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From cycling to foraging, here's what we were really into this year

Really into logo sunglasses.
Josie Norton for NPR

Joy is a core value at NPR. Something we talk about at our news meetings in seeking out stories, and something we know we need more of than ever.

So this year we launched I'm Really Into, a space to celebrate our unique hobbies and interests.

In this series, our journalists share a hobby that brings them joy, what drew them to it, and what it says about their shared community. We've heard from people who found a new passion in the pandemic, as well as people who persevered and continued finding ways to do what they love. We also heard from thousands of readers like you, and we are continuing to share the hobbies that bring you happiness.

Here are some of your favorites, and you can see the full catalogue here.

Just like life, riding my bike doesn't always make sense. But that's why I love it

Illustration of a man on a bicycle.
/ Josie Norton
/
Josie Norton

Riding despite knee problems from his childhood is just one of the ironies Bill Chappell tries to make sense of when describing his love for riding bikes. Yet, it's in riding that he learns to let go and enjoy the moment.

"Along the way, my brain disengages from stress. Life quiets down to simple rhythms," he says. "Problems seem to evaporate. Throw in a good podcast or music, and I'll be gone for hours."

Read more about why he's really into riding his bike.

Foraging helped me discover a world of free fruits and veggies

Illustration of fruits and veggies in the shape of the US Capitol.
/ Daniel Wood
/
Daniel Wood

Daniel Wood describes how you can forage in the city as he hilariously recounts his own experiences roaming Washington, D.C., looking for free and forgotten fruits and veggies. He shows how nature and the urban environment intersect and mingle providing delicious rewards.

"In an ever modernizing world, foraging provides an opportunity to recall the simplicity of survival. All the things I thought I needed pale in comparison to a delicious piece of neglected fruit," he says.

Read about his foraging adventures and how you can find fruit in the wild.

Roller skating feels a lot like love, and falling is just part of the process

Roller skating.
/ Josie Norton for NPR
/
Josie Norton for NPR

In search of a new hobby, Invisibilia host Kia Miakka Natisse found a vibrant community in the roller skating rink. Kia shows what perseverance, acceptance, and fun it is skating, falling and holding hands (sometimes with strangers).

"I picked up skating as a coping mechanism after a year in my house and in my head. It gave me the gift of learning something new with my body, and a new perspective on how to move through the world," she said.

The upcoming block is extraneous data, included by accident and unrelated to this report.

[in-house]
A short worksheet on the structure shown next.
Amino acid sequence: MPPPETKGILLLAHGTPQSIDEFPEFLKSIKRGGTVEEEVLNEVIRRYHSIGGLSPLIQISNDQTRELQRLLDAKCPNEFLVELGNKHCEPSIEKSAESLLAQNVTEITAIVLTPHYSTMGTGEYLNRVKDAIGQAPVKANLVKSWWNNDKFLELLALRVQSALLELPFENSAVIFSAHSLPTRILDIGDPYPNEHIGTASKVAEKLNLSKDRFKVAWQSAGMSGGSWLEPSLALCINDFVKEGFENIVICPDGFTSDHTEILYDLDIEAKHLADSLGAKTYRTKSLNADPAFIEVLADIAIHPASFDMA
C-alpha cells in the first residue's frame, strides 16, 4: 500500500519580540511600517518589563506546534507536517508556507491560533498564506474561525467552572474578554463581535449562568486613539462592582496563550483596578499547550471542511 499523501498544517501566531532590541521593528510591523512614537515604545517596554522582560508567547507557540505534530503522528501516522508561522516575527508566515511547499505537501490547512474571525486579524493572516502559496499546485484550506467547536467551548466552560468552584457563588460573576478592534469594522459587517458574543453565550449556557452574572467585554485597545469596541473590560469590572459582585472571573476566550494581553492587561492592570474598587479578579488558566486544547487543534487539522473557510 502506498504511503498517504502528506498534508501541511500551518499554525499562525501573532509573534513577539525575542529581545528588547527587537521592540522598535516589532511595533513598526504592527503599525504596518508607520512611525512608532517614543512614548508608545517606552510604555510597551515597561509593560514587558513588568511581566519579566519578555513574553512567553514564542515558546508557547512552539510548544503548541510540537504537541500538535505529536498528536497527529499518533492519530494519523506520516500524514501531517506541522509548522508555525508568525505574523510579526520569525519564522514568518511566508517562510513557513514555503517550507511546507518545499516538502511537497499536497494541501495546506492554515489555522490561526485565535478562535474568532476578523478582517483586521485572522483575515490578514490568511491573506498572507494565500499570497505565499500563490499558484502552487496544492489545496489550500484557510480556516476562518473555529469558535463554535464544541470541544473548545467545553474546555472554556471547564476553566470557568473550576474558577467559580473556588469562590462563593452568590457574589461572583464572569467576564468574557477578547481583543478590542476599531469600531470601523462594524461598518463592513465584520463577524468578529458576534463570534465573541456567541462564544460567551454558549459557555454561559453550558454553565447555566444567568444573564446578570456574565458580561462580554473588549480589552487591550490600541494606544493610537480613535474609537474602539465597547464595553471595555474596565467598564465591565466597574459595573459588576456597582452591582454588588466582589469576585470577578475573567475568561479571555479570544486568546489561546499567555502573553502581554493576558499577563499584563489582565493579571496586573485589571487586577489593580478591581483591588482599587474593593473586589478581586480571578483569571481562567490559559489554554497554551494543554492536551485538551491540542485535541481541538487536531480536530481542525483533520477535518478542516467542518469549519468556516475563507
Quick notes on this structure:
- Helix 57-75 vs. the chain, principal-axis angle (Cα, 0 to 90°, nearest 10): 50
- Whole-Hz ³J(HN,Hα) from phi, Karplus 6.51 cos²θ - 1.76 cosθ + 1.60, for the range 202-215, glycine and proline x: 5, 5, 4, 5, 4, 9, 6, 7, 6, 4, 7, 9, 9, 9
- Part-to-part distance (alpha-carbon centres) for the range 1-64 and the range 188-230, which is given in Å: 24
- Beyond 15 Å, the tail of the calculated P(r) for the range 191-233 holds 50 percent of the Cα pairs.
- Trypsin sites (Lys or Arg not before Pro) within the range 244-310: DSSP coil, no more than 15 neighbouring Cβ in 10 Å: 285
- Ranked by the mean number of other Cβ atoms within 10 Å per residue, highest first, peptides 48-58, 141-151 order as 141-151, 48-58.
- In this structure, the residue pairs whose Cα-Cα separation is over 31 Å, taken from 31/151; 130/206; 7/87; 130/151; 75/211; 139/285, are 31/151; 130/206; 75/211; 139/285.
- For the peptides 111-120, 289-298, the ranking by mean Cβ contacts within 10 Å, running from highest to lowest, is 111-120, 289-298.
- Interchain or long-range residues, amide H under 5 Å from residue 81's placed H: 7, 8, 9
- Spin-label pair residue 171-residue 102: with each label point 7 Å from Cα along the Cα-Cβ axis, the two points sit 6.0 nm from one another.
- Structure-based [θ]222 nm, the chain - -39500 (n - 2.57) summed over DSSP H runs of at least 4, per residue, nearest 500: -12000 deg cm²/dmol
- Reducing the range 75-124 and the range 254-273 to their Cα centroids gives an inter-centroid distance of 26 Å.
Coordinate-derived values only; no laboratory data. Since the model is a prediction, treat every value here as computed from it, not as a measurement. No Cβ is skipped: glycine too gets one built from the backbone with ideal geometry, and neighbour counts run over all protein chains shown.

Read more about her love for roller skating.

Seeing myself reflected in art allowed me to feel comfortable making my own

Artwork by Sommer Hill.
/ Sommer Hill
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Sommer Hill

Drawing inspiration from the Harlem Renaissance and other artists of color, Sommer Hill explores her own identity through her love of painting. She describes how she focuses her energy into her art, creating something that she loves because it reflects her.

"Even if the picture doesn't turn out aesthetically pleasing by society's standards, it's still beautiful that I was able to create something. My paintings may not be a Basquiat, but they're mine — so I love them anyway," she said.

Sommer Hill writes about her painting process and self-reflection.

My mom passed down her love of horror to me — and a big lesson about courage

TVs with horror movies playing.
/ Josie Norton for NPR
/
Josie Norton for NPR

Nikki Jones loves the rush of watching a good horror film, but her love originated from her mother and her love for reading horror books. Through their bond and their shared love of horror, she shows how the lessons she and her mom learned enabled them to take courage and act.

"While my mother was putting on a brave face, she was dealing with her very own monster. I believe that her escapism into the horror genre allowed her to face her reality within a controlled environment," she said.

Nikki Jones explains why she's really into horror and the lessons it's taught her.


What are you really into? Fill out this form or leave us a voice note at 800-329-4273, and part of your submission may be featured online or on the radio.

Copyright 2023 NPR. To see more, visit https://www.npr.org.

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Analise Ober
Analise Ober has been an executive assistant on NPR's Executive Administration team since 2020. They worked with the How I Built This team helping to book and research guests before transitioning to Digital News, supporting various teams in the newsroom to achieve their goals, and helping with projects as needed.
Arielle Retting
Arielle Retting is a growth editor for digital content at NPR. In her current role, she helps the newsroom develop digital skills so NPR can expand our storytelling to meet our audiences where they are.